|Pennsylvania Freedmen's Bulletin
Pennsylvania Freedmen Association
GH Port Royal School #4
Port Royal, S.C. (School No. 4) . The Retreat, January 21, 1865
We are all feeling very pleasantly this morning, because Gen. Saxton has been made Brevet Major
General. As we know that he is all right in the good cause, we would clothe him with all necessary
power. There has been much excitement on these islands. "I not want for tuk him down," I
occasioned by General Sherman's troops. Some of them seem to be poorly disciplined, and
behave in many cases like barbarians, shooting pigs, chickens, and destroying other property. If
the people undertake to protect themselves, they have been in several instances used very
roughly. This day a week since three men dashed up on horseback, fastened their horses and
entered the room where we were sitting; we could not do less than invite them to be seated, and
they remained some time talking about the "niggers," and what Sherman expected to do next,
seeming to think there was no sueh thing as fail with him. They were very much prejudiced against
the colored people, and seemed to doubt our words when we told them we knew the children to be
just as capable as white children.
One of their remarks was, that "as soon as ever you made anything of a 'nigger' he got so sassy,"
not seeming to know that their own insolence was unbearable.
On Sunday two drove in here to sell a horse, and as all the people are, horse-crazy, the bargain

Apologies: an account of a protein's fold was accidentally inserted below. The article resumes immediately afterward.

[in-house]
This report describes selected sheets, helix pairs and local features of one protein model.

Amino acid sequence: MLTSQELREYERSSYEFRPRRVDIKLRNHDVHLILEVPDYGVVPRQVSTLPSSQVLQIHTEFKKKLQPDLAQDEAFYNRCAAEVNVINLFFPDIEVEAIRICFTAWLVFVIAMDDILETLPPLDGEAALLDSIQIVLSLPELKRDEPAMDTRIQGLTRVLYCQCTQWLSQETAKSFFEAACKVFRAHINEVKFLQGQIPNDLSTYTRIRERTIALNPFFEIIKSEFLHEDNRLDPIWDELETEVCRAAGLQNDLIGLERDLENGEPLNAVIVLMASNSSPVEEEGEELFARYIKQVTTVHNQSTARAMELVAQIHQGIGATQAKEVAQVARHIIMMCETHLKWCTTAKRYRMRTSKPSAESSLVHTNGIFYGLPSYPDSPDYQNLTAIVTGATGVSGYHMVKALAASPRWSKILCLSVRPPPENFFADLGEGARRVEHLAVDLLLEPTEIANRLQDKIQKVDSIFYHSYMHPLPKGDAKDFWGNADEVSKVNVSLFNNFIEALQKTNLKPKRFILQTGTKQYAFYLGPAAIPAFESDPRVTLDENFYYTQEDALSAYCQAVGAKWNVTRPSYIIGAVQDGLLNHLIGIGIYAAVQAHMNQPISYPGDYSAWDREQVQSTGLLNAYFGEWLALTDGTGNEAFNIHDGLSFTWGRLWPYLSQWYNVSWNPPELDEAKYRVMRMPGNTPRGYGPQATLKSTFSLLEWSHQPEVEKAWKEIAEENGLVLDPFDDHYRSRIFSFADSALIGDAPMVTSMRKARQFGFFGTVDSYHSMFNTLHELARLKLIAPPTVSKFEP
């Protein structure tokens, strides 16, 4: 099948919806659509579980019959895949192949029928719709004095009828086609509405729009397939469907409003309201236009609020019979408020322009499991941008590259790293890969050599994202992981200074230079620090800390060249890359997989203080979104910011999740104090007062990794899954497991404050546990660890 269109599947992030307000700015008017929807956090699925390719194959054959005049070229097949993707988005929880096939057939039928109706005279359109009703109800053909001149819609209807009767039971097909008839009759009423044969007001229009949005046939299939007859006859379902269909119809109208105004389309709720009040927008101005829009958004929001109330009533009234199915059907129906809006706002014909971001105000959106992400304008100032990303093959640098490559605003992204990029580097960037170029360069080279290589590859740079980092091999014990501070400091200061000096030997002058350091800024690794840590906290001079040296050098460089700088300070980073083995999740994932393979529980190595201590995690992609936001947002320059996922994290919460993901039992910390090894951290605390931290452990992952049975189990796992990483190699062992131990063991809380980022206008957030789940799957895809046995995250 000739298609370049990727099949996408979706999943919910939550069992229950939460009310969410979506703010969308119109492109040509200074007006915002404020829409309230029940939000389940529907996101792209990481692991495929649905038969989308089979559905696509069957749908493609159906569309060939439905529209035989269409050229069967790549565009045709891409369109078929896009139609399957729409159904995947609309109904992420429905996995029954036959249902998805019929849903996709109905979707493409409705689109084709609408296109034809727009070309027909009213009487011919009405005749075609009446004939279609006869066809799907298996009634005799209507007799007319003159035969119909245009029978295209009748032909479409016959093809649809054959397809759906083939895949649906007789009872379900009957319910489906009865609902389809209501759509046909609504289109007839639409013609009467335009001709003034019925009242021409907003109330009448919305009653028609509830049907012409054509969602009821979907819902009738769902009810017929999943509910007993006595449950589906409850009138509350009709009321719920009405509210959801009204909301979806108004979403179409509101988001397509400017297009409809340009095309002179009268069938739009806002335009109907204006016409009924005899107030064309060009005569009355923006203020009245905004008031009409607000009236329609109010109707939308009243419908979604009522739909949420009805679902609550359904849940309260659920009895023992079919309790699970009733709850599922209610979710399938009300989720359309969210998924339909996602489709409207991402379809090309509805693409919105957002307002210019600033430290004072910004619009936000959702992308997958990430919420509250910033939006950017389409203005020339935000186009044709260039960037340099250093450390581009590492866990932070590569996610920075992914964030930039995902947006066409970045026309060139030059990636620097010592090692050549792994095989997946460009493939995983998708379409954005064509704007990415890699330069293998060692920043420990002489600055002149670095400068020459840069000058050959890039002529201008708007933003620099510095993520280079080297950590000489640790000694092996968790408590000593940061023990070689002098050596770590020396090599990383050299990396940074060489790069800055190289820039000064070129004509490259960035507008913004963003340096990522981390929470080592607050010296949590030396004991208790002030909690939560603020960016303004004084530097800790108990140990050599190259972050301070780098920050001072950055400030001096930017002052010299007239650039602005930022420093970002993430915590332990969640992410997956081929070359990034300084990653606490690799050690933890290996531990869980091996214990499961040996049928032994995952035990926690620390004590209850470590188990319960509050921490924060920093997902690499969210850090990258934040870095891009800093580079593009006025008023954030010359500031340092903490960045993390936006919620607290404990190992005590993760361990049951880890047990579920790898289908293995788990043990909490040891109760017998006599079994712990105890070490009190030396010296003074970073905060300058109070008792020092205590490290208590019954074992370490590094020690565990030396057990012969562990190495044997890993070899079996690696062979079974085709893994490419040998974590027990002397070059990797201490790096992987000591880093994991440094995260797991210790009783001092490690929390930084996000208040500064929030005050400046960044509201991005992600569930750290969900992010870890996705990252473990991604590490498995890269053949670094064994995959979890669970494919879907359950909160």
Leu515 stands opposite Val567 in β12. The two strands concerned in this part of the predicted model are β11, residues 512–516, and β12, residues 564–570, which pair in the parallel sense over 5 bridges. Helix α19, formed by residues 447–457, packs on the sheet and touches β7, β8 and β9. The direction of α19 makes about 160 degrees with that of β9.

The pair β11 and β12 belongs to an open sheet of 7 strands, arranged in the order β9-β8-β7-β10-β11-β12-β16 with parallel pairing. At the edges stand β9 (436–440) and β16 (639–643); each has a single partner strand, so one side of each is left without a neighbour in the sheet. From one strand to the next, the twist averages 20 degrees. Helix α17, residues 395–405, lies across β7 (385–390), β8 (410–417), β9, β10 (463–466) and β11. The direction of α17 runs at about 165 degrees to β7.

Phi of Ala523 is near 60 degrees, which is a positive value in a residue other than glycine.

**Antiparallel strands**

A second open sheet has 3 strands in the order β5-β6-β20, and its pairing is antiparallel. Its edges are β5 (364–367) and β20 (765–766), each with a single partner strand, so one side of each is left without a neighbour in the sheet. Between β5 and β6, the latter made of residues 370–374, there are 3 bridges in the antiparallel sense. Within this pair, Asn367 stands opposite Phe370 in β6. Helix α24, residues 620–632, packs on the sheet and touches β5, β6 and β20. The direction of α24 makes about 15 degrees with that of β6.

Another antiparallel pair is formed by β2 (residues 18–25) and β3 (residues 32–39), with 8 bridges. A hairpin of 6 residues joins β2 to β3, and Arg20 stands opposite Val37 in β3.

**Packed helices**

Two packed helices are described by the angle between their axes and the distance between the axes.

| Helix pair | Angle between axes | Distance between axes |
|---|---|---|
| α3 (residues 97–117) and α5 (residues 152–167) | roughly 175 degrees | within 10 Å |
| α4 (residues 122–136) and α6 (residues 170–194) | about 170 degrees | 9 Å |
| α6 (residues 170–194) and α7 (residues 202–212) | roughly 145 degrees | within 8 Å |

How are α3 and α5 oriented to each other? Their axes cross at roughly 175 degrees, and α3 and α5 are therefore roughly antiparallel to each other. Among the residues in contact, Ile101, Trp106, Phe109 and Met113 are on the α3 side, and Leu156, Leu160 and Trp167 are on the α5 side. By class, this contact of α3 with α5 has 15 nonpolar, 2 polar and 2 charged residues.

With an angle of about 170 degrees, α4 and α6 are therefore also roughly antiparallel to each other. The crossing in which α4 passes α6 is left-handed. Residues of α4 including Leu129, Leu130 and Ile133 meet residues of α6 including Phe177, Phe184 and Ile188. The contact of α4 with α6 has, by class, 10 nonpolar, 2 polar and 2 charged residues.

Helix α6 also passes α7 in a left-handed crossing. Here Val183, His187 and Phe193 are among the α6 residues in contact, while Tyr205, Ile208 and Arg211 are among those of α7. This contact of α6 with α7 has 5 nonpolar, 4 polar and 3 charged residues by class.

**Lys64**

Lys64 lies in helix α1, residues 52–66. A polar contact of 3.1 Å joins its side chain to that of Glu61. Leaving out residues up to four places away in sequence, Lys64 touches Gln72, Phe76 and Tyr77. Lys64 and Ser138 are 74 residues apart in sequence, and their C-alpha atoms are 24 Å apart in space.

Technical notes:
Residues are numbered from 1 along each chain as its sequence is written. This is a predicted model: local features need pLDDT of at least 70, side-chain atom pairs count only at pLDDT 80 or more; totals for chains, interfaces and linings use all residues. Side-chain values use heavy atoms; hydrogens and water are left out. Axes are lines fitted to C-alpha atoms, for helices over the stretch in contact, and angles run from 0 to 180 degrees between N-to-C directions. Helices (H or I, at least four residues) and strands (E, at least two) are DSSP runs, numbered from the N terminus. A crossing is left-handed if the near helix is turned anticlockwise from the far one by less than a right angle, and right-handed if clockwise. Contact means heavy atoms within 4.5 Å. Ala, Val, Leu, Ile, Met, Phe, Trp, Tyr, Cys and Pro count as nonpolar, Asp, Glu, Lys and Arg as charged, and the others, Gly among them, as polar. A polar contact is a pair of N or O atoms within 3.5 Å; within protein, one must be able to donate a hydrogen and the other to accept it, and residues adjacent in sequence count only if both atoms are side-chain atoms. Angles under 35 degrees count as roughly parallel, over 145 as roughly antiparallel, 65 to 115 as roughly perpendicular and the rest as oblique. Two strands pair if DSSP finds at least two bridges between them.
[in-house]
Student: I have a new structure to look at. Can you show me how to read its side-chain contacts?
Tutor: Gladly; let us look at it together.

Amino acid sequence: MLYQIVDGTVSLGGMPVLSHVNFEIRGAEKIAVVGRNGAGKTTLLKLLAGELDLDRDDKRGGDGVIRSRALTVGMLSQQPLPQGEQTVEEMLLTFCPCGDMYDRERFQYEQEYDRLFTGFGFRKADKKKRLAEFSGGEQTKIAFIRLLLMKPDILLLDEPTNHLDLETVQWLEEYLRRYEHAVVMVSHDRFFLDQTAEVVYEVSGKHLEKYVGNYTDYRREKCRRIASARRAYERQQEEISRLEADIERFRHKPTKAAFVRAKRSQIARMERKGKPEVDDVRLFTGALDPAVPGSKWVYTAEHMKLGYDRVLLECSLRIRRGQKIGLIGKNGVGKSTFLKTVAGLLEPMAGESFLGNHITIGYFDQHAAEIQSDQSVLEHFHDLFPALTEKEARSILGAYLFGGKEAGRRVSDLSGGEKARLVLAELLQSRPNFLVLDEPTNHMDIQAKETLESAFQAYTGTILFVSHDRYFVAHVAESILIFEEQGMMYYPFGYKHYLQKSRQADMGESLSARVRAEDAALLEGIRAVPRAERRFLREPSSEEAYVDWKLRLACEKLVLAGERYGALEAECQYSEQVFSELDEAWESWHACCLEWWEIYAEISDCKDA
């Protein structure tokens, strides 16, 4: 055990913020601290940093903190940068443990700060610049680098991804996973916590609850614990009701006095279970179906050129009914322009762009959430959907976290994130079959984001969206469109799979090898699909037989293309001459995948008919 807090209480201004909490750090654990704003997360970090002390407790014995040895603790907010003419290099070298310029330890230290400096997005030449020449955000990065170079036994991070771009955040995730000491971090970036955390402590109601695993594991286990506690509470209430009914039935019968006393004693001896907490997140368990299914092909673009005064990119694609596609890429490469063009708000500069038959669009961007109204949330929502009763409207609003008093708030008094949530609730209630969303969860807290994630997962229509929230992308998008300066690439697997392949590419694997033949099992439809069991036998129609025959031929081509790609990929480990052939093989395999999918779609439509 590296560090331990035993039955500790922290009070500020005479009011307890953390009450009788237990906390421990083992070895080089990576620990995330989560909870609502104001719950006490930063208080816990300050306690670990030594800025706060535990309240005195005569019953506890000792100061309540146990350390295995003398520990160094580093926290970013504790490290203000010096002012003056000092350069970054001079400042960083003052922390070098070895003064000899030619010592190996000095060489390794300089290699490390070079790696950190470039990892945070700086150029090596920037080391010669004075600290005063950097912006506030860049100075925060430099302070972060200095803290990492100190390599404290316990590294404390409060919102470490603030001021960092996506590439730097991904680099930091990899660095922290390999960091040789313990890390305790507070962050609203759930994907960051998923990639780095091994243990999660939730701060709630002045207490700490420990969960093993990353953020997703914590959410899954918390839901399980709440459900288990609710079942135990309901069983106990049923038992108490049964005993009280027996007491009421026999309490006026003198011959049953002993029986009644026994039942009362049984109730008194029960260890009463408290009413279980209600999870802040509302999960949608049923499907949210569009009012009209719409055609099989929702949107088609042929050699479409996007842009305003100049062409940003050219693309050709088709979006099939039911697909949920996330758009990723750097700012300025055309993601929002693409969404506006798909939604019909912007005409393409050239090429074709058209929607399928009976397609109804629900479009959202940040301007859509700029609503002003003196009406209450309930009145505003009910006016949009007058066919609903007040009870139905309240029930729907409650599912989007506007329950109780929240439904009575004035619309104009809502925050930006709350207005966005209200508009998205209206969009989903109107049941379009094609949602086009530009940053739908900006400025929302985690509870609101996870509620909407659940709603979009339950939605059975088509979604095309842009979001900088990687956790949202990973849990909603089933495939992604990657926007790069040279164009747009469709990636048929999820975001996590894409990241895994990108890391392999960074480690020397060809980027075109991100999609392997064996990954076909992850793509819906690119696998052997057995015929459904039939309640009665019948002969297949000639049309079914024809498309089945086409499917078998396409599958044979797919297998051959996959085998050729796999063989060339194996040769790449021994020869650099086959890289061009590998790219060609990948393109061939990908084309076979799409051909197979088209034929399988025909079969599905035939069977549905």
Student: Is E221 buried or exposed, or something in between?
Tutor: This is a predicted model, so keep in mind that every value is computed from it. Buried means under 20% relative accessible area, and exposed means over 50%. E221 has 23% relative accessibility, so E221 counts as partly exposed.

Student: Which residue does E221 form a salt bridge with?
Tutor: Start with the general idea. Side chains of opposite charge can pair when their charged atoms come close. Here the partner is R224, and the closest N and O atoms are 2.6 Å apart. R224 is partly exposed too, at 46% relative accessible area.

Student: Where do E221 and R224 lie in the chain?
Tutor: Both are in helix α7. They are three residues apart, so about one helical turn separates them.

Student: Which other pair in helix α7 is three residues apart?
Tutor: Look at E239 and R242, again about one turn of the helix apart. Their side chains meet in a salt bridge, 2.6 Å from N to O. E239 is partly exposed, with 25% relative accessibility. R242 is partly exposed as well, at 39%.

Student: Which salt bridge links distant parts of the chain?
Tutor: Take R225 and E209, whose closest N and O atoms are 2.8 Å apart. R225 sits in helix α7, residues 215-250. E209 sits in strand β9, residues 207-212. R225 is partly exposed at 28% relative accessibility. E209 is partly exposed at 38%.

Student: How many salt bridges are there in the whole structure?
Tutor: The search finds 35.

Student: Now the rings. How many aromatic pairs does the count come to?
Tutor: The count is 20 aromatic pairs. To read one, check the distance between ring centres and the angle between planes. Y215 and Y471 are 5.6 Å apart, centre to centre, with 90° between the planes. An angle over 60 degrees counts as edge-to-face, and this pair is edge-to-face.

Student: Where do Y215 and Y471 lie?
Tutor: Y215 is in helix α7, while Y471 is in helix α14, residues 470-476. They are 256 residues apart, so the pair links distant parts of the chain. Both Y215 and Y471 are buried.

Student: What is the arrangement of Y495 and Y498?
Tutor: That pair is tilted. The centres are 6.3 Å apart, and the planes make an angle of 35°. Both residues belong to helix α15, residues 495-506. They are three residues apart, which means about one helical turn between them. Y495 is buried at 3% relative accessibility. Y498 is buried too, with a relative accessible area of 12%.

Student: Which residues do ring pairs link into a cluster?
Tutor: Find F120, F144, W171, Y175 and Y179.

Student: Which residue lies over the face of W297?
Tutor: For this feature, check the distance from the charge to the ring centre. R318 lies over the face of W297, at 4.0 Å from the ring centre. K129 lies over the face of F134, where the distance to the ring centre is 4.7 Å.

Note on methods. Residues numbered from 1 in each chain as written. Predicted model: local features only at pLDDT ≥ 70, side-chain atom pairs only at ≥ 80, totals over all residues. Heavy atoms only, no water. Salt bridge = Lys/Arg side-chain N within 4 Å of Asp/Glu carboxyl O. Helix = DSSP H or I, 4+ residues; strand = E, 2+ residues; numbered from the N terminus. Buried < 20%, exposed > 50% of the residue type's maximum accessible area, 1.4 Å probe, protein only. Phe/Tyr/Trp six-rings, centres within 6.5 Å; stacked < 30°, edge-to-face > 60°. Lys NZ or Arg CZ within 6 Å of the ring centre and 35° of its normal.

was soon closed. Frank, the man who purchased, came in to horrow pen, ink and paper for writing
the receipt; when we told him it could not be a lawful receipt on Sunday, and that we did not believe
the horse belonged to the man, or he would not offer it for a hundred dollars, when the usual
prices range from Â§175 to $250, Frank concluded it would be better not to take the horse. Failing
in their object, the men soon left. Yesterday they killed six pigs on this place. The people were
greatly excited, and one man fired his gun at them. The excitement soon subsided, and the people
seemed to think such things were the result of war, with tho exception of one woman who was very
much incensed at them. She had expected to have purchased a new dress when she killed her
pigs, and the loss of the nice things she might have had, made her wish for "massa's times again."
Such doings from the soldiers are outrageous.
We have heard that General Howard has become more stringent in his orders, and the people's
property will be protected. A number of refugees are living in a tent two miles from here. The most
of them are anxious to get to work. Our people are daily looking for their friends from the main, and
we shall be quite glad to see them, and render them what assistance we can to make them
comfortable at the old plantation home.
Purchasers of plantations will be very anxious to employ the refugees, so that they will soon be
provided with homes. Yesterday the chpplaiu of the 26Â£h U. S. called and spent some time in our
school. He made a few pleasant remarks to the children, and thought he should call again; this is
quite an unusual event, for we seldom ever have a visitor. Yours respectfully, G. H.